The Voice Magazine recently had a chance to chat with Katherine (she/her) from Lethbridge, Alberta, who is a double major student in Psychology and Anthropology hoping to continue to a masters of counseling. Katherine stated, “In the spirit of respect, reciprocity, and truth, we honour and acknowledge Moh’kinsstis, and the traditional Treaty 7 territory and oral practices of the Blackfoot confederacy: Siksika, Kainai, Piikani, as well as the Îyâxe Nakoda and Tsuut’ina nations. We acknowledge that this territory is home to the Métis Nation of Alberta, Region 3 within the historical Northwest Métis homeland. Finally, we acknowledge all Nations – Indigenous and non – who live, work and play on this land, and who honour and celebrate this territory.”
Katherine explained why she was pursuing her particular academic field and eventual career. “It’s come to my attention through years in this industry that there is a considerable number of individuals, children, and frontline support staff living with developmental disabilities that could benefit immensely from adequate counselling and mental health support. Yet I see these individuals constantly being brushed off or prescribed medications instead of people working with them to find affordable solutions and overcome the barriers that prevent them from attending more traditional services, despite the endless advocacy that agencies like mine do to prevent it. I would love to someday be able to bridge that gap and be able to provide those services to the individual and support staff who need it most. Nothing will change unless we choose to make change happen, and I want to be part of that step forward to a kinder inclusive world.”
On a personal note, Katherine let The Voice Magazine know that she grew up in Moose Jaw in southern Saskatchewan with her family and younger sister. She also let us know an interesting fact, that, in Moose Jaw, “despite some back and forth with the Norwegians, who had taken our title of having the ‘Largest Moose in the World’ for a while, Mac the moose is back to being the world’s largest moose statue with his newly installed rack.”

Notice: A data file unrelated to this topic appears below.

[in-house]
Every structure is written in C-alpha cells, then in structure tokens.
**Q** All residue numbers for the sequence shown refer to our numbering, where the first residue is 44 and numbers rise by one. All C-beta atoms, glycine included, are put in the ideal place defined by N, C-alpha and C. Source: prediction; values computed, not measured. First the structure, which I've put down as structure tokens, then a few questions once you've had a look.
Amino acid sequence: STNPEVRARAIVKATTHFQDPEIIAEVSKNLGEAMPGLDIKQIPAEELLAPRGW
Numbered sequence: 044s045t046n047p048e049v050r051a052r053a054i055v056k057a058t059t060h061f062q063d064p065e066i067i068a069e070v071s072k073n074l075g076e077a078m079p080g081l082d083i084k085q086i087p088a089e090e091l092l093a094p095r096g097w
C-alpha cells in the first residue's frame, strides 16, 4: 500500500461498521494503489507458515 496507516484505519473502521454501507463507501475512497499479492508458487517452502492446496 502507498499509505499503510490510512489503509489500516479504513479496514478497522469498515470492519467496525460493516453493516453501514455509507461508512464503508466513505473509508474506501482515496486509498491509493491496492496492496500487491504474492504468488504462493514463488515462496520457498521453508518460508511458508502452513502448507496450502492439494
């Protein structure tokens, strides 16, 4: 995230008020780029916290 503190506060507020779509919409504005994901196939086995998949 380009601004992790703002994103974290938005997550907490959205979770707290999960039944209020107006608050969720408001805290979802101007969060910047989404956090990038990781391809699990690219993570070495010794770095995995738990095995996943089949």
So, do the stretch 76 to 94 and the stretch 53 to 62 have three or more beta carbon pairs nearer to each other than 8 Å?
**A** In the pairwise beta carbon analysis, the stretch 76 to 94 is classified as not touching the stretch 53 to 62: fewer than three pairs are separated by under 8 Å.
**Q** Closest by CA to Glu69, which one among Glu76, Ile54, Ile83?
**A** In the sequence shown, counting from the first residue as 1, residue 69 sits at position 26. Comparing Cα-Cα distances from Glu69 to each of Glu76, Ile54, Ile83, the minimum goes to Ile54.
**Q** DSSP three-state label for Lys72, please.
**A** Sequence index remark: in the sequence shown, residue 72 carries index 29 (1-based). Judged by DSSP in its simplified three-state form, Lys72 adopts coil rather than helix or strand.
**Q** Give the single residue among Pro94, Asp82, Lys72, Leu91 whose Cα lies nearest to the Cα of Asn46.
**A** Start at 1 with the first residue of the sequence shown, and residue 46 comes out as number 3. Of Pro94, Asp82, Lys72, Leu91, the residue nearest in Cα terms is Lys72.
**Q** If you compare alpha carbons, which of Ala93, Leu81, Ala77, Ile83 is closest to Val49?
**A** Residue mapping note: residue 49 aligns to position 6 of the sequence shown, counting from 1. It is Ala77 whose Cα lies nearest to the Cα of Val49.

She continued, “I worked for a few years in Emergency Services throughout central Saskatchewan before moving to Alberta at 25. Now I am married, with two amazingly talented daughters. I have been working in various positions throughout the developmental disability industry for the past six years. I am currently working as an assistant coordinator of community services while I finish my degree.”
Katherine also had some great study tips for AU students. “Finding time to study is hard. Between the family at home and working full-time and all the schedule changes that come with, it’s challenging to say the least. It might have been easier to juggle time and studying if I had gone to university right out of high school, however now, at 36 years old, I have life experience and a passion to help others that I never had back then. I would have ended up in some program that would not hold my interest, let alone fulfill any sense of achievement. In the end I think the struggle to find time is there but it’s more accessible when you are motivated and interested in what you’re learning.”
She also provided some advice for new and prospective students. “It doesn’t matter if it takes 4 years or 20 years, if you’re doing what you can do, and headed in the direction you want to go you are on the right track. to let others discourage you, everyone’s situation is different.”
This busy student also finds time for hobbies. Describing herself as “crafty,” Katherine enjoys painting and drawing. “I have recently started weaving fabrics on a slightly intimidating looking four shaft table loom, thanks to a lovely co-worker who introduced me to it and would love to learn to spin yarn as well. I think repeated actions can bridge a sense of calm after a busy stressful day. My family loves to be outdoors, and go camping, spend time around the fire pit in our backyard,” she related.
Katherine also described her most memorable vacation, when she and her wife “took a trip to the Radium Hot Springs in BC.” She explained, “Shortly after, things began to be restored from the mudslide aftermath. Our tiny hotel room still did not have any drinkable water, I was sick with a horrible head cold and we ended up hiking for hours in the wrong direction. Yet somehow, it was still the most fun vacation, and the view is always beautiful no matter which direction you look.”